They’d shake their heads and declare me to be strange (which may well be true, but irrelevant), despite the fact that I was successfully living what I was suggesting!

And remember: their sole reason for being there was that their approach wasn’t working.

To me, the strange thing wasn’t what I was presenting. The strange thing was that the person chose to remain stuck.


strange businessA passionate leap…

Next, Rumi wrote that the issue is blocked energy.

He is clearly conversant with Buddhist and yogic thinking, as “the energy of the sun stuck at the base of the spine” is a description of Kundalini energy. And the demand of Kundalini energy is that we act out of our passion.

From a Bodywork perspective, we talk often about “stuck” or “blocked” energy. Talking often helps people to “clear their heads” and see another perspective, but Bodywork frees the energy necessary for change to actually take place.

The energy blocked “at the base of the spine” is powerful, basic, creative and passionate energy. Rumi’s description of it as “fire” rings true. There is an immense rush of “chargy” energy up the spine. And that alone is enough to stop some people from choosing to feel it.

But if this energy is unavailable, we are close to impotent.


Talk therapy alone is a poor half measure compared to a combination of both talk and Bodywork geared towards releasing the blocked energy.

To Rumi, then, it would seem “strange” that people would voluntarily leave this energy “stuck,” and then accuse of him being strange for helping others to free it.

Rumi’s next comment is aimed at people who have stalled.

You’re some weird kind of gold that wants to stay melted in the furnace, so you won’t have to become coins.”

Perhaps he is speaking to those who “get it with their heads.”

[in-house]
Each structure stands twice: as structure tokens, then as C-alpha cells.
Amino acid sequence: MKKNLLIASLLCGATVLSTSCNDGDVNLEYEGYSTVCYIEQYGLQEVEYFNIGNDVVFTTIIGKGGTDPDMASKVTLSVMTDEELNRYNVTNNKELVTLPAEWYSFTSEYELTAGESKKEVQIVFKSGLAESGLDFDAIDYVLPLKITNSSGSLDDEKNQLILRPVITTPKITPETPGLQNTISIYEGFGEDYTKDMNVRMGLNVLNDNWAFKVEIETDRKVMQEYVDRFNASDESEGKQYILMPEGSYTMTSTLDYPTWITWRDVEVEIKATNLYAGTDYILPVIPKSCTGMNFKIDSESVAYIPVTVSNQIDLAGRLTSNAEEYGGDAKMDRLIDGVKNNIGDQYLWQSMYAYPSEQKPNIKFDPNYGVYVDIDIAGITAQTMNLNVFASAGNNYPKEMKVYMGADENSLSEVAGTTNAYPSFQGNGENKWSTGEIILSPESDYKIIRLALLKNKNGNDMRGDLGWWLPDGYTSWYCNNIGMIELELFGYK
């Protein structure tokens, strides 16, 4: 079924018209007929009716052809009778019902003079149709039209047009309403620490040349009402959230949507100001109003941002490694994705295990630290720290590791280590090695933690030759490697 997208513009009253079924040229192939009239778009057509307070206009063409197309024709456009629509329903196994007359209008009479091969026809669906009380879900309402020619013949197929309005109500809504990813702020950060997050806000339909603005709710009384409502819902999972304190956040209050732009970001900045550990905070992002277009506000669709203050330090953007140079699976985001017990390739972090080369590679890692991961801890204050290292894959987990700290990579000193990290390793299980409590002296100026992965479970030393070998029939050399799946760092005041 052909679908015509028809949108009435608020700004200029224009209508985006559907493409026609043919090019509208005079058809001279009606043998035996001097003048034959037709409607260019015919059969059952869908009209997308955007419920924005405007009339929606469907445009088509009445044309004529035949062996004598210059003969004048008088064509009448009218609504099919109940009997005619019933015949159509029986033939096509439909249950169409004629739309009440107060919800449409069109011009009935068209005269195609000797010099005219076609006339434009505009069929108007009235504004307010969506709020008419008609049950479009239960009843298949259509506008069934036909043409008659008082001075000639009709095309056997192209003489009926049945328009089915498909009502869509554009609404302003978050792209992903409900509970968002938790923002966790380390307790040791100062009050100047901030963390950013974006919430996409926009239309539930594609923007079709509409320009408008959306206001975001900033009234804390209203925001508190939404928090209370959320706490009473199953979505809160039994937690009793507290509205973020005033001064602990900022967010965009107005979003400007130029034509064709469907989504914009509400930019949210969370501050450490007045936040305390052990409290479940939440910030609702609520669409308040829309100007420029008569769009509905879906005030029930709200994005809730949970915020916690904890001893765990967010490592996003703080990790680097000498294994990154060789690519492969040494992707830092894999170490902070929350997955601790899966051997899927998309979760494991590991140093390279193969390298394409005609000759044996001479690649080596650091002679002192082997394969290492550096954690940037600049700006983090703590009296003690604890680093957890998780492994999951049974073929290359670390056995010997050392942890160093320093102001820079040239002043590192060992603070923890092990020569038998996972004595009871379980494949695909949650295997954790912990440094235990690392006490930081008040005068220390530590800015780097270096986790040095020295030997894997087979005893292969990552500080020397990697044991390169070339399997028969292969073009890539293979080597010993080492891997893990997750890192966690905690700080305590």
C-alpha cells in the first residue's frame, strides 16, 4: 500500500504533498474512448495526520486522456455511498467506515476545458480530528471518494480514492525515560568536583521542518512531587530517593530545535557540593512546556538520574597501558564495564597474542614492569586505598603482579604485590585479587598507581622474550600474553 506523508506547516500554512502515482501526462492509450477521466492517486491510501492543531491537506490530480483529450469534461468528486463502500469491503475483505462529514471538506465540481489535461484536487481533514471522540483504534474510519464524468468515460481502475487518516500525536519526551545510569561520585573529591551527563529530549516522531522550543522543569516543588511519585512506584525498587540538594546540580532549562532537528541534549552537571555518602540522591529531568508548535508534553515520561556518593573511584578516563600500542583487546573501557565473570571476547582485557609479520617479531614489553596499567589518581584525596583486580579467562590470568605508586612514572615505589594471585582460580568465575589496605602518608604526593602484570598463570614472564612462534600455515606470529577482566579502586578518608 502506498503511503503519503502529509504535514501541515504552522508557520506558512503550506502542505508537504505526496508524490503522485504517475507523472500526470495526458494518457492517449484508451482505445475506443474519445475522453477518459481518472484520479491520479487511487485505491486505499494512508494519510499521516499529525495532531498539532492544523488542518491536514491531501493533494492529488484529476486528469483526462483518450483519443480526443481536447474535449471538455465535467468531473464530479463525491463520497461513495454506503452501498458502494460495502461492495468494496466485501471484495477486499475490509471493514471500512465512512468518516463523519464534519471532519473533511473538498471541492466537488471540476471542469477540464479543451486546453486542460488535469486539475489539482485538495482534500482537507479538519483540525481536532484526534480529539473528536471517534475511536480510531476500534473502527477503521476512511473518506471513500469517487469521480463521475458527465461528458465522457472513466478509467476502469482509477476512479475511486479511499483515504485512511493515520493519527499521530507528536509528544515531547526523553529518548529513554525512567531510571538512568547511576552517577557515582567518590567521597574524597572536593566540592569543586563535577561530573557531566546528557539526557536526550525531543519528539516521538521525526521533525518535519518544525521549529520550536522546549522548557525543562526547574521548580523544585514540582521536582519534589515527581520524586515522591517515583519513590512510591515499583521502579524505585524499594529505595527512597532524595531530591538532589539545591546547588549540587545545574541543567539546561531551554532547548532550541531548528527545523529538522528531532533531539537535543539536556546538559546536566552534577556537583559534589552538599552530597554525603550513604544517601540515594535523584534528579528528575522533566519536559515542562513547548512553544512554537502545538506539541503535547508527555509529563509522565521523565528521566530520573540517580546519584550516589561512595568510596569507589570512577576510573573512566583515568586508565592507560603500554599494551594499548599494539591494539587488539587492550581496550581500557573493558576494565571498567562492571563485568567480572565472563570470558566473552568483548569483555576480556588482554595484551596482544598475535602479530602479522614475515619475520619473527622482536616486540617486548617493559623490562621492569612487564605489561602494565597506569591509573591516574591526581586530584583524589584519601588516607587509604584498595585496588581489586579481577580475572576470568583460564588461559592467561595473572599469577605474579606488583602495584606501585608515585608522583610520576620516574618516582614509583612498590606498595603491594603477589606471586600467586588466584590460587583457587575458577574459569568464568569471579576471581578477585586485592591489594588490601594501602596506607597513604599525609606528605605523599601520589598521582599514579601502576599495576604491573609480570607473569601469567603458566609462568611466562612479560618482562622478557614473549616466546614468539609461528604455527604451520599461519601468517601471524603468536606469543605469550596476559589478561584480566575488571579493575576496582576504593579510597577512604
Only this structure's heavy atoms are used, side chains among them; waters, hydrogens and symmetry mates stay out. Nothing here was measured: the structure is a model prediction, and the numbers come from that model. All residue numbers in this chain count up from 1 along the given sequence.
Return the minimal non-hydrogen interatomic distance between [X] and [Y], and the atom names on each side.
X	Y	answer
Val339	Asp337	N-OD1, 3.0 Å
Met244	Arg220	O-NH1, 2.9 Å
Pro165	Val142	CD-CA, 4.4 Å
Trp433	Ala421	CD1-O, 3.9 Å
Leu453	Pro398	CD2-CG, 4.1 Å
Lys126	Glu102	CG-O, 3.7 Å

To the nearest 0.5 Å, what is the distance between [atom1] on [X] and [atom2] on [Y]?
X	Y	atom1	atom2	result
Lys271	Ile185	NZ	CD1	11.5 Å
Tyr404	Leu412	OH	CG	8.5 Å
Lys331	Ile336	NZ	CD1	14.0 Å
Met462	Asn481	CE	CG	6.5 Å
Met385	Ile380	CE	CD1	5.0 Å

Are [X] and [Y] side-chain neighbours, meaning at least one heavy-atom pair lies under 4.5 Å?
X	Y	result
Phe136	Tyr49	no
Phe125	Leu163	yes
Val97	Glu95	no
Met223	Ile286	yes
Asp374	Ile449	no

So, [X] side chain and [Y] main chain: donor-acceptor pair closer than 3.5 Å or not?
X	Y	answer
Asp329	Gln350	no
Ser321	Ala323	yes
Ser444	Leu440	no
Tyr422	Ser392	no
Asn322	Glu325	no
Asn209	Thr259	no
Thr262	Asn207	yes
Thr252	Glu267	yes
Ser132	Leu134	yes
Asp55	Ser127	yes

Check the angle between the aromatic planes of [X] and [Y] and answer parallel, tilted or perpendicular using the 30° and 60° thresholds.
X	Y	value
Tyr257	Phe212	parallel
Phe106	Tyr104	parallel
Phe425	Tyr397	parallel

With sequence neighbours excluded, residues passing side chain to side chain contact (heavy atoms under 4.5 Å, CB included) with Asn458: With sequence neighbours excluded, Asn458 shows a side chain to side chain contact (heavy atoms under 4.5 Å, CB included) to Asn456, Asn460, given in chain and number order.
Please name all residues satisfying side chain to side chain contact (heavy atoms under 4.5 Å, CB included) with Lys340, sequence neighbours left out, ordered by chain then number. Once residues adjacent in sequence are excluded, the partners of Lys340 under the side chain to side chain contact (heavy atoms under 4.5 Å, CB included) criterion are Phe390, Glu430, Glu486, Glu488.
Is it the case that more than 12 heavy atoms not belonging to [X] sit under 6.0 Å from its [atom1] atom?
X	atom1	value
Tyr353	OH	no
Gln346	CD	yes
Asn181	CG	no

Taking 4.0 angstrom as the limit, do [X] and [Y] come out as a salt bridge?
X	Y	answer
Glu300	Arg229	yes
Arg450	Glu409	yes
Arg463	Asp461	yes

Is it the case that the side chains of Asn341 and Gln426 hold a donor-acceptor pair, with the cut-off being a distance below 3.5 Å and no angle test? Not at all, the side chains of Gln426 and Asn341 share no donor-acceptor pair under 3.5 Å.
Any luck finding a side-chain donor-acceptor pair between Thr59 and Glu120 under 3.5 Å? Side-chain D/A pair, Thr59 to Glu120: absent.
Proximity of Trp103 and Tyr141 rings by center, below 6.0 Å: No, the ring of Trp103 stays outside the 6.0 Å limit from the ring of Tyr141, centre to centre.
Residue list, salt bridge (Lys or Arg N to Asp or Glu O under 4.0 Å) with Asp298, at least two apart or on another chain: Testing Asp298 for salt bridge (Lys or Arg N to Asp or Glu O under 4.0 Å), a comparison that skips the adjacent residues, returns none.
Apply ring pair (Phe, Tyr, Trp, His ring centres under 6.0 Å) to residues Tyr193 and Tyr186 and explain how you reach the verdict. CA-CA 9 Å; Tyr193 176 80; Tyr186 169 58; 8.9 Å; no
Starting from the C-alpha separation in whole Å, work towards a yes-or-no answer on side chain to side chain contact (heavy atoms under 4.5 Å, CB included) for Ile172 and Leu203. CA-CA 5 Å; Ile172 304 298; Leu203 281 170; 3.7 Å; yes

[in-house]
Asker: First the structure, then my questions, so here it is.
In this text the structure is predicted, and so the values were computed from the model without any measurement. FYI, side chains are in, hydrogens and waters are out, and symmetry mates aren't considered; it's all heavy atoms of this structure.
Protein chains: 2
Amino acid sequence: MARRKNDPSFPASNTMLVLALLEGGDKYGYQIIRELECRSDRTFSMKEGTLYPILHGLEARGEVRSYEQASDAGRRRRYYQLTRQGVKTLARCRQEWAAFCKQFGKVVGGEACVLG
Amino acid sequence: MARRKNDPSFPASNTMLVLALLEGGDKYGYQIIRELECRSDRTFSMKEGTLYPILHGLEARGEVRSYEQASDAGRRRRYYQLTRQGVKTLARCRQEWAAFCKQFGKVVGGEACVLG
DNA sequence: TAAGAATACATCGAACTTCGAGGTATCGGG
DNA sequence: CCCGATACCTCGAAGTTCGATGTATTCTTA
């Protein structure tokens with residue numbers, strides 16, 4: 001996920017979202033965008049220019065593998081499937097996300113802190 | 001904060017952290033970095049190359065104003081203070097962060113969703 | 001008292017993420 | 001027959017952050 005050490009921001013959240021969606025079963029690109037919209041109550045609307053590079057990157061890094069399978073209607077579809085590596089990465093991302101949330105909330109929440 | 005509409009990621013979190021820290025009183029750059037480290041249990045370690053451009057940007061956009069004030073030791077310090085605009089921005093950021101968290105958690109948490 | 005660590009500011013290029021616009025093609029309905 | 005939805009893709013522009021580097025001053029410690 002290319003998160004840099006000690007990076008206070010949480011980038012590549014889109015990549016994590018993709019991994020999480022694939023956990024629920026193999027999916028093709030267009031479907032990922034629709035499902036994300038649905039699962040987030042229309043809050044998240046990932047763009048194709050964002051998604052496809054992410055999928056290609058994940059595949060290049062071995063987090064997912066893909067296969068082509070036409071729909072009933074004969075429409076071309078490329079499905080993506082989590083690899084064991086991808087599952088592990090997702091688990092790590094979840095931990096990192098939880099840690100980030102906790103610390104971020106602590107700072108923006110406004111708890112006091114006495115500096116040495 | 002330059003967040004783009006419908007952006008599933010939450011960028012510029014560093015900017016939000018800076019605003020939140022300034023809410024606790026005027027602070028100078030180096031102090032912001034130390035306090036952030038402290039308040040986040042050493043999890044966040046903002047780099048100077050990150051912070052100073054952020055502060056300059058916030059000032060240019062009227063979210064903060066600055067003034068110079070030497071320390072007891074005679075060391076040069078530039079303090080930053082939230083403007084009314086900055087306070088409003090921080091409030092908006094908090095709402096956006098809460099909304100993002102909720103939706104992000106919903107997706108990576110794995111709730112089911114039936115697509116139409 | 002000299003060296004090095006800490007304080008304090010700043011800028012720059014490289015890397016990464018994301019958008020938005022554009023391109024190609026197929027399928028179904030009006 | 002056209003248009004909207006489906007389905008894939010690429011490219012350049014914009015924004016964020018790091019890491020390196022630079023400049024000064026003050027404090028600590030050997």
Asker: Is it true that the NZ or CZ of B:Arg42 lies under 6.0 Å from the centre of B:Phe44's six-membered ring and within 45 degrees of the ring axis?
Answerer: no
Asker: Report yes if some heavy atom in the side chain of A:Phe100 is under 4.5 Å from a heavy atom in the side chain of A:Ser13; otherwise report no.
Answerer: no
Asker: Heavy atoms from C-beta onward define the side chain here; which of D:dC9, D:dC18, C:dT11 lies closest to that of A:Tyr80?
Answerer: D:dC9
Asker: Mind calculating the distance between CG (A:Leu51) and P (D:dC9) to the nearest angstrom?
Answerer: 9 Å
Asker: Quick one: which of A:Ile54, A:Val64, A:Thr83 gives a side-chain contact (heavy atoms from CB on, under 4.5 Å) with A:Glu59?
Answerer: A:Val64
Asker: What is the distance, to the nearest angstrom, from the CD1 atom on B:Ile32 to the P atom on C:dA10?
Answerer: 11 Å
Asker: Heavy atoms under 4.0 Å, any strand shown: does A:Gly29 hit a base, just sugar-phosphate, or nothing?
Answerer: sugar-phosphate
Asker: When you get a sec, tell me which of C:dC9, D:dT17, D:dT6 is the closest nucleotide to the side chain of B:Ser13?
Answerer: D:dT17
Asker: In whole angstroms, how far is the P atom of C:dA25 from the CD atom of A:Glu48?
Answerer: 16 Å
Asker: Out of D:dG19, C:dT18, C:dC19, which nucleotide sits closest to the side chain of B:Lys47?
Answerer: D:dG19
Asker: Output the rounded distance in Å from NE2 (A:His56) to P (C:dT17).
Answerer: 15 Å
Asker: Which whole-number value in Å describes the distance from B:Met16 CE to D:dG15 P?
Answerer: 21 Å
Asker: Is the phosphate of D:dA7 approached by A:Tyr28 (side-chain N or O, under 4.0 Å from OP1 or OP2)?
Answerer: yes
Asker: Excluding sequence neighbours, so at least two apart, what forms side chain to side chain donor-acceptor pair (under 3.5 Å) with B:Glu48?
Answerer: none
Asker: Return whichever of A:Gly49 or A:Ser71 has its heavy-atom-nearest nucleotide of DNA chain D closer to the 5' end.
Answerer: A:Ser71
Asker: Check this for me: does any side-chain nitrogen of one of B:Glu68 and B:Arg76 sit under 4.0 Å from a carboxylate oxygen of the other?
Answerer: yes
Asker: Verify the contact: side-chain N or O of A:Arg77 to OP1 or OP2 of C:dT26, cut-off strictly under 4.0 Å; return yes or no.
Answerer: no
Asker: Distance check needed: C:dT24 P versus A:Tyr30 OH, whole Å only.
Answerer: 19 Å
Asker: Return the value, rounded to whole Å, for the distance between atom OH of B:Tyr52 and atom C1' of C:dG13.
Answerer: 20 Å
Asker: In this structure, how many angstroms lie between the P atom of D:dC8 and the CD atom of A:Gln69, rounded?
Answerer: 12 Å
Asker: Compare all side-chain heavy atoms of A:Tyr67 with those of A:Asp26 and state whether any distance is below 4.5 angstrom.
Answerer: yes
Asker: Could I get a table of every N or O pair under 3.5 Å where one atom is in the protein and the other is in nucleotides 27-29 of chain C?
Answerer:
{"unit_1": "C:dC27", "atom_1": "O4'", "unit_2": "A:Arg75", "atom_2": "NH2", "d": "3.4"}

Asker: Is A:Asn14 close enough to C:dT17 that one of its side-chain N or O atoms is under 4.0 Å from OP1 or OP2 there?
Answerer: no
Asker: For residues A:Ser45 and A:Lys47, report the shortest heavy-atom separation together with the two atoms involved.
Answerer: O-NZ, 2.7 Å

Rumi describes the person who feels the heat of his new way of being but chooses not to do anything useful with it. A weird gold indeed that wishes to stay within the warmth of the fire, as opposed to becoming a “coin,” and thus having a purpose in the real world.

There is nothing superficial about the work Rumi teaches. It’s not a game, nor a head trip. It is a refining through fire. The work pre-supposes that someone chooses to live out of their vocation.

Rumi’s concluding sentences speak to this same issue.

  • We are indeed firewood, designed to be used up — burned up — in and by the fires of passion, creativity and purpose.
  • And we are ONE, engaged in a single-minded, single person walk into the fire of re-creation.

It’s not about escaping from selves and our walk. It’s not about the diseases we claim for ourselves, the genetics we blame, the relationships we obsess about.

It is about being at ONE with ourselves and with the source, with the chi, with the cosmos. It is about engaging in the arduous work of freeing ourselves from our mental prisons, while also freeing our energy.

Indeed, it is strange work. But existing as the walking dead is by far the stranger way.

Find your path, and walk it. Find your teacher and learn. Focus on freeing yourself, through continual work on the fire of transformation.

Or you can sit by the side of the road, bemoaning your fate.

A continual choice. Choose well.

About the Author: Wayne C. Allen is the web’s Simple Zen Guy. Wayne was a Private Practice Counsellor in Ontario until June of 2013. Wayne is the author of five books, the latest being The. Best. Relationship. Ever. See: –The Phoenix Centre Press
Rumi — Never, Never Sleep
Going Home for the Holidays